Analysis of a working manuscript for Wilfred Owen's "Strange Meeting" provides the student with insight into the creative process. Owen's original wording coupled with his subsequent revisions illuminate how he may have intended the poem to be understood by the reader. Owen's revisions show a determination to accomplish three apparent objectives. First, Owen paid close attention to the connotative meanings inherent in his diction. Equally as important, Owen attempted to refine his language mechanics to enhance the esthetic quality of his work. Finally, there is evidence of a concerted effort to universalize the poem for readers of diverse experience.
In contrast to prose writing, diction must be sparing and more powerfully effective in poetry. Each word must serve a specific purpose beyond the creation of basic meaning. Word connotation must remain foremost in the poet's mind.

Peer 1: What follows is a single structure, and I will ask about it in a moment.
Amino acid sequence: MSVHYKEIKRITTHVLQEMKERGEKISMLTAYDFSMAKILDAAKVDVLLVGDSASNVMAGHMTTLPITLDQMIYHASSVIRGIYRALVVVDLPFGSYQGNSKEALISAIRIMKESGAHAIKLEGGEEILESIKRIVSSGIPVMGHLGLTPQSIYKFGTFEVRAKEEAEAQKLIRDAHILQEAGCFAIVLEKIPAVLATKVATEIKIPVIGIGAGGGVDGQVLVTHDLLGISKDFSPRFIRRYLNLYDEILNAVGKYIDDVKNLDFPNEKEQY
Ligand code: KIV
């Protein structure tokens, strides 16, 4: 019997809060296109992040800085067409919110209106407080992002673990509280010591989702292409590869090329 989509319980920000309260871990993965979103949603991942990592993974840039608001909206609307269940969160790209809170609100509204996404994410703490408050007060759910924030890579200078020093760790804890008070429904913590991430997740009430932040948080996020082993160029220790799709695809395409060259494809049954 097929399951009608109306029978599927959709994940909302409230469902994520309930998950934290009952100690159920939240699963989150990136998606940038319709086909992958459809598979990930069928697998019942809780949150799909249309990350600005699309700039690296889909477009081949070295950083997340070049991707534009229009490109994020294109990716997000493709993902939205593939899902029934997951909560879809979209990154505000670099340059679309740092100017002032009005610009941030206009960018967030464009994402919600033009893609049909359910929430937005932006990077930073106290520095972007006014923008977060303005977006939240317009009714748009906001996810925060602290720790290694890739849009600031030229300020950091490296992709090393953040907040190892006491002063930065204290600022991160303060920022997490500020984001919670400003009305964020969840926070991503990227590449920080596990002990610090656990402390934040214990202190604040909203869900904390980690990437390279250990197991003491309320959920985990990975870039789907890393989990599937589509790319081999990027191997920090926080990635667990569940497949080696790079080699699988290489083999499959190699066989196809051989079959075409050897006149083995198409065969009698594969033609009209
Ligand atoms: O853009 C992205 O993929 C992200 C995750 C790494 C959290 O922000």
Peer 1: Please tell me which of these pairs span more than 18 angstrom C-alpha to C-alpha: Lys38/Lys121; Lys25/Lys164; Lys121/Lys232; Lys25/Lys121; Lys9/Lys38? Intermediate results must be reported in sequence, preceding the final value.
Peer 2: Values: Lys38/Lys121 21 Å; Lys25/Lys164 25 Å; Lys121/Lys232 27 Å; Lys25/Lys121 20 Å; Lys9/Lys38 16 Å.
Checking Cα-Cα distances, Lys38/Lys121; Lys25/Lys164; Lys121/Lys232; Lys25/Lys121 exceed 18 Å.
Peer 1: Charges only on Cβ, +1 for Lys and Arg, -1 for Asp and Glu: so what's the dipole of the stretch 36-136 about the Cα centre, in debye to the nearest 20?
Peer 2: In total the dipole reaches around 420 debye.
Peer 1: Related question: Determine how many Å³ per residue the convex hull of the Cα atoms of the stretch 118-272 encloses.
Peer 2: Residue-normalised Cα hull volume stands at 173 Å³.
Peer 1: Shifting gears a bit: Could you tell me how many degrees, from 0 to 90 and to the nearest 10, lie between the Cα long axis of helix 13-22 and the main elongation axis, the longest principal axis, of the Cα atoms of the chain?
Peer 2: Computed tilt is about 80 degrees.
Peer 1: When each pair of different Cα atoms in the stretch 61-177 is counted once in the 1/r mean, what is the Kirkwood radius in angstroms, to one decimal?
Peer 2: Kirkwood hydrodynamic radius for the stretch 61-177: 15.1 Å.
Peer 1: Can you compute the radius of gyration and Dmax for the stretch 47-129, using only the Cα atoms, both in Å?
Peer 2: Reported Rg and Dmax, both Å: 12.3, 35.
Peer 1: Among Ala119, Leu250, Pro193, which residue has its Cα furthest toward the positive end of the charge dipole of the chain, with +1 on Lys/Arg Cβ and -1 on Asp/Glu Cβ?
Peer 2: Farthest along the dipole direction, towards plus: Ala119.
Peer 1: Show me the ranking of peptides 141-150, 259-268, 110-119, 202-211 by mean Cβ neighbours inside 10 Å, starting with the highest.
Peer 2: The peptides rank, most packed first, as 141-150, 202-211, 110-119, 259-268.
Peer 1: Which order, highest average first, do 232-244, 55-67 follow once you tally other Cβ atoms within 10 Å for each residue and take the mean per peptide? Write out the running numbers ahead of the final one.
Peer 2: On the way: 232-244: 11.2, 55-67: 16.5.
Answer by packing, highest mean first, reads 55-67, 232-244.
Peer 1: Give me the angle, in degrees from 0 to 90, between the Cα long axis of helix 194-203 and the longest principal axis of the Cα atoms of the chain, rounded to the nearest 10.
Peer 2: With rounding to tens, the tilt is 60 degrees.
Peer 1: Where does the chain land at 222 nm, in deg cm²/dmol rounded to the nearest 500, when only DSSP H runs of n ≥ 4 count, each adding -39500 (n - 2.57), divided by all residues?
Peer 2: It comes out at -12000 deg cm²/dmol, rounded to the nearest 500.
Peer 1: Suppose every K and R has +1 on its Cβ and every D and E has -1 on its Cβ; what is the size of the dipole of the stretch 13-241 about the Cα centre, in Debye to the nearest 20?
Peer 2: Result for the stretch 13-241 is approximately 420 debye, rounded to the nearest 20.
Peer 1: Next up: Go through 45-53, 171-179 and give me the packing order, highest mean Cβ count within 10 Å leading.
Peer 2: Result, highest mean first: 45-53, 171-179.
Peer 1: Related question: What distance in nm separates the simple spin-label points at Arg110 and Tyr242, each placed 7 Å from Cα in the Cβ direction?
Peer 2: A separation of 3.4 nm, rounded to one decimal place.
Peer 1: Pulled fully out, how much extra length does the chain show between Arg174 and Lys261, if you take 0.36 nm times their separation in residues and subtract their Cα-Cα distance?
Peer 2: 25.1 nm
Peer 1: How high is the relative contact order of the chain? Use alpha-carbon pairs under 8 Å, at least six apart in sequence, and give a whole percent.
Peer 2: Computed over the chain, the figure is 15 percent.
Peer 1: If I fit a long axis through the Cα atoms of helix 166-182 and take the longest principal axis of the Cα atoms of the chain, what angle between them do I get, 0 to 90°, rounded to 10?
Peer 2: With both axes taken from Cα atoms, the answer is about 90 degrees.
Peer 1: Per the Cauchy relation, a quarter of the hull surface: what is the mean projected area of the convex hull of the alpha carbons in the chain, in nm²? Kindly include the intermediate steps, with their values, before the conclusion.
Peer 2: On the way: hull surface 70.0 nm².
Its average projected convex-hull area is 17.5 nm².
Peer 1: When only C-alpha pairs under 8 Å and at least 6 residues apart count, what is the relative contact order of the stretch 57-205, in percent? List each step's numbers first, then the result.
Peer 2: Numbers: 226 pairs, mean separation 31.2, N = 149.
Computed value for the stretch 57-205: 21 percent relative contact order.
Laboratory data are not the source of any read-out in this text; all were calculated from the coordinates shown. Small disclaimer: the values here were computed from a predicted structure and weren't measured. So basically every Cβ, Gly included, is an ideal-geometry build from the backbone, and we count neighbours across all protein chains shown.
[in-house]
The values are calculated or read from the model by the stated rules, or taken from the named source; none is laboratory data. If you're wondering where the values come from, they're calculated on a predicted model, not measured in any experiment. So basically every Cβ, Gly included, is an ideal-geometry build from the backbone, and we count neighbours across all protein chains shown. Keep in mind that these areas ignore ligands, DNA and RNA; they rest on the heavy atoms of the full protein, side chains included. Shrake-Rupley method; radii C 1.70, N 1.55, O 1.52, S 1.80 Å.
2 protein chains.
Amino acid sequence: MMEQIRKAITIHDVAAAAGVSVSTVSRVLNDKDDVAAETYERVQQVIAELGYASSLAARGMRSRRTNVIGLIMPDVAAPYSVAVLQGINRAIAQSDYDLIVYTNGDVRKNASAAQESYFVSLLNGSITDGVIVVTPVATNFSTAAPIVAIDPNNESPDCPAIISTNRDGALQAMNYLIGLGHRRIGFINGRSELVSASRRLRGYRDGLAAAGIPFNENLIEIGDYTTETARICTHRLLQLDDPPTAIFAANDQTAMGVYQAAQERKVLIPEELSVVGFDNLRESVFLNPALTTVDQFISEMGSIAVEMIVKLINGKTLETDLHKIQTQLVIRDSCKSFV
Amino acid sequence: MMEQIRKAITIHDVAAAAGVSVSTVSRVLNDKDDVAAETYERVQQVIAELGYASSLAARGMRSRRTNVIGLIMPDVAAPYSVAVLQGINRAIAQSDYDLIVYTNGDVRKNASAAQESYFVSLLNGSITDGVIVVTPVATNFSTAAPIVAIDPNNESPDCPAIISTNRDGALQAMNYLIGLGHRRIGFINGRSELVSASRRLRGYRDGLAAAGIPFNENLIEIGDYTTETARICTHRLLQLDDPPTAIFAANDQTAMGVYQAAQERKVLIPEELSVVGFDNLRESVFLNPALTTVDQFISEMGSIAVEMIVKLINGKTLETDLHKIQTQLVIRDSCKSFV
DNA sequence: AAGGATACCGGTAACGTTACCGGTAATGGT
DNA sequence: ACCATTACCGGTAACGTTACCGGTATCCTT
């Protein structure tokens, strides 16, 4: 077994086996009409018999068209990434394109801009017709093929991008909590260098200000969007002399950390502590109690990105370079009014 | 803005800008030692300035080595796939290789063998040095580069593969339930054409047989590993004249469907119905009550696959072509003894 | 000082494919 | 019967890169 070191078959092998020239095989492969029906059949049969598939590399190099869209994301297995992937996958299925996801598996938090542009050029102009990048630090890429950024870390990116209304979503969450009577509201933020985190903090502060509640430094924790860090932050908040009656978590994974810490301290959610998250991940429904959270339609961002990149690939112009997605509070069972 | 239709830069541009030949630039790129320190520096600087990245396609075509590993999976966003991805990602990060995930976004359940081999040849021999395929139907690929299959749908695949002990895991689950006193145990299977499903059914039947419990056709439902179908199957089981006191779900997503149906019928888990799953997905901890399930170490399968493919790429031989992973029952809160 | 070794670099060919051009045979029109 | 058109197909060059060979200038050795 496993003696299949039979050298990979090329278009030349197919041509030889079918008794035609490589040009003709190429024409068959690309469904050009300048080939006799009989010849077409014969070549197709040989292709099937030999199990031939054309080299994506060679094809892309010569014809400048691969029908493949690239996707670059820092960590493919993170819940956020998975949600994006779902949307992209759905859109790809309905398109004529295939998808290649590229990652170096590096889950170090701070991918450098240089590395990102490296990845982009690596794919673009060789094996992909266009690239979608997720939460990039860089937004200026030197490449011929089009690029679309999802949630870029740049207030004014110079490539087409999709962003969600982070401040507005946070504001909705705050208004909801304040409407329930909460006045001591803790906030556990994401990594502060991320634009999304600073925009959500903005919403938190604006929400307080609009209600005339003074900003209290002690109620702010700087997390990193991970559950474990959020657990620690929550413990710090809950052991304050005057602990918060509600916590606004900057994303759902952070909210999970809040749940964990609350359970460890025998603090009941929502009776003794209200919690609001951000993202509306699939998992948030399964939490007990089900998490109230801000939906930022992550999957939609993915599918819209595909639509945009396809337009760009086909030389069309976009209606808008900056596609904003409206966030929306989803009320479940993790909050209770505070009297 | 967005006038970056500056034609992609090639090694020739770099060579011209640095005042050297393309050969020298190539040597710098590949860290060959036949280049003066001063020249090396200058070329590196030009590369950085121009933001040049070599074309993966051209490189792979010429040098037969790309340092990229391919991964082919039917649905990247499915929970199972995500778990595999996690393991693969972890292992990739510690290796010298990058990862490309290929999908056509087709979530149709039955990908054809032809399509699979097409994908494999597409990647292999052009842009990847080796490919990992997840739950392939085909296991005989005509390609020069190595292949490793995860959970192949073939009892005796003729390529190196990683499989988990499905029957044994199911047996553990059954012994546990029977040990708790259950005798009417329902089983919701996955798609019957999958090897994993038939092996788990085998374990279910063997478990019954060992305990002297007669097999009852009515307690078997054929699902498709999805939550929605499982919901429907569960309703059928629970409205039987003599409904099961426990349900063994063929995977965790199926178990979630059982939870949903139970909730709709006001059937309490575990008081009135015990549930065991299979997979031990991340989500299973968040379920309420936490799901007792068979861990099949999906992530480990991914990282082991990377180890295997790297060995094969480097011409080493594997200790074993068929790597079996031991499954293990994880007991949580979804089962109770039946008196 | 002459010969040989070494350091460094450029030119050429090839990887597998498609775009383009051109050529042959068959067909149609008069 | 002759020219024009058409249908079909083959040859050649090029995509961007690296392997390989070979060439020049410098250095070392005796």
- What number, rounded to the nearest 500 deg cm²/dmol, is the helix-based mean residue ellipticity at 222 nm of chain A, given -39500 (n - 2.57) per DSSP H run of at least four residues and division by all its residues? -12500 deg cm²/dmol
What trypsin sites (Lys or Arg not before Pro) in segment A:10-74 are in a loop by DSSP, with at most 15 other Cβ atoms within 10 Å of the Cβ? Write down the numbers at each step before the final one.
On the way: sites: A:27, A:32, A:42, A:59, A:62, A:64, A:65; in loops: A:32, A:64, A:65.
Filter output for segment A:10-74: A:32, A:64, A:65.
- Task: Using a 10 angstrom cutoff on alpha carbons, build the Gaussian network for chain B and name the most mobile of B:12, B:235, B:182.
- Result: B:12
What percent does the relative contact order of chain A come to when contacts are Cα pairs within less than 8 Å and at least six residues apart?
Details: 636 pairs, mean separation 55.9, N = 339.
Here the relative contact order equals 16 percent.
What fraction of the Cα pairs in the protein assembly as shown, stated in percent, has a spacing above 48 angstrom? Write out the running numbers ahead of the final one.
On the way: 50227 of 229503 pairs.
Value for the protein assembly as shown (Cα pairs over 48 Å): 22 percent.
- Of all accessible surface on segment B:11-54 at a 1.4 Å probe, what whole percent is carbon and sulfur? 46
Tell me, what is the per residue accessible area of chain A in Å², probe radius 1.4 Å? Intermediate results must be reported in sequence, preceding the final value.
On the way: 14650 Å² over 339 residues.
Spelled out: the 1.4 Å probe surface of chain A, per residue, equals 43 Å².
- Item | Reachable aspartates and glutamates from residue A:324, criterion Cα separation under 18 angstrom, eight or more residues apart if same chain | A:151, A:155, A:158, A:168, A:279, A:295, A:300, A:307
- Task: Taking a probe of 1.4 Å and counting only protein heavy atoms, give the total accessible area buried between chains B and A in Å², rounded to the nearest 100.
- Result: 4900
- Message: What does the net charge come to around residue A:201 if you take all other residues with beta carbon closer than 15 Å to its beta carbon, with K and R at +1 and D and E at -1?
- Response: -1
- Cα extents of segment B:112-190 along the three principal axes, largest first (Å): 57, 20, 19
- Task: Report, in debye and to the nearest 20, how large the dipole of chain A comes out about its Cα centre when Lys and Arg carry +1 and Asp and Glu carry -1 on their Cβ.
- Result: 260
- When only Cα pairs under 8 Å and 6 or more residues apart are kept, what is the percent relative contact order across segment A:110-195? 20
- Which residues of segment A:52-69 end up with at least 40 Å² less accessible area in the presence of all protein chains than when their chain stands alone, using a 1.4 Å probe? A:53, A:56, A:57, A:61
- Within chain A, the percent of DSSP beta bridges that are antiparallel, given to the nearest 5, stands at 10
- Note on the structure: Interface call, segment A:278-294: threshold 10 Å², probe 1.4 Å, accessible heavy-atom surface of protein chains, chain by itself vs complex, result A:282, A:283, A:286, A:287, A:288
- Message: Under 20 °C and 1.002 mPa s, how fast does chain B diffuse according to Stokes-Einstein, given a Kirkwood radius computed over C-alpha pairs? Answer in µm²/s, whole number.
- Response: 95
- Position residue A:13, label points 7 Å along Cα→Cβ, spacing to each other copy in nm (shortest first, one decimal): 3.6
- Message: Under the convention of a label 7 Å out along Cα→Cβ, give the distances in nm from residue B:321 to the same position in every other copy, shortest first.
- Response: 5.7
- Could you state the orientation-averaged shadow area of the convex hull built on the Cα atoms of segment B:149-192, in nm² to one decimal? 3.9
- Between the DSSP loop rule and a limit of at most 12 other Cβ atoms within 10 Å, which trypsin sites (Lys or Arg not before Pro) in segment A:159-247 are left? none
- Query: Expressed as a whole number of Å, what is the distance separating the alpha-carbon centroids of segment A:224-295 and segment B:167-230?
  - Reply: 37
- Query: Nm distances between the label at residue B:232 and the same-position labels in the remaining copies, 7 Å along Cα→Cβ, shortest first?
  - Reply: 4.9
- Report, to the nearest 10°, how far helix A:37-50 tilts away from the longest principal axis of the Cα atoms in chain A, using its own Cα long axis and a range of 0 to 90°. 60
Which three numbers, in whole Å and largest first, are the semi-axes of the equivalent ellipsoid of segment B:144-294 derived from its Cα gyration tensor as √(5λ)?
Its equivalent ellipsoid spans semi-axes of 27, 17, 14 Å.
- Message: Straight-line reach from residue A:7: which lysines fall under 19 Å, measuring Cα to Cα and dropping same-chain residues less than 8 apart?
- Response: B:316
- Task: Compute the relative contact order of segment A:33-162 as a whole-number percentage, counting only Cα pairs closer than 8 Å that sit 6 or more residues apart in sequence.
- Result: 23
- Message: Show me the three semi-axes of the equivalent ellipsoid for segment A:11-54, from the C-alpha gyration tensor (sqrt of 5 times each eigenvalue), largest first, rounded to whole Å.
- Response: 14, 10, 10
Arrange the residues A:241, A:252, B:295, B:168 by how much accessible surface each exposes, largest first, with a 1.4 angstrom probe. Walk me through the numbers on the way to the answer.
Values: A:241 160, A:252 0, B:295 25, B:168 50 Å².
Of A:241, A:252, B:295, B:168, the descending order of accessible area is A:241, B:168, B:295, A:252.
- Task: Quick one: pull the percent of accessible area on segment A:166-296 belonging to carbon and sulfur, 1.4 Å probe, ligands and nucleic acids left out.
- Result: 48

While different words may mean virtually the same thing in general terms, the intricate nuances of meaning and imagery associated with specific words g...
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...cifically attempted to broaden the potential audience of "Strange Meeting" by substituting words and phrases with less specific references.
Owen, Wilfred. The Wilfred Owen Multimedia Digital Archive. Http://www.hcu.ox.ac.uk/jtap/images/mss/bl/ms43720/20f3a.jpg
Owen, Wilfred. The Wilfred Owen Multimedia Digital Archive. Http://www.hcu.ox.ac.uk/jtap/images/mss/bl/ms43720/20f4a.jpg
Ellmann, Richard and O'Clair, Robert, ed. The Norton Anthology of Modern Poetry, Second Edition. New York: W. W. Norton & Company, 1988.
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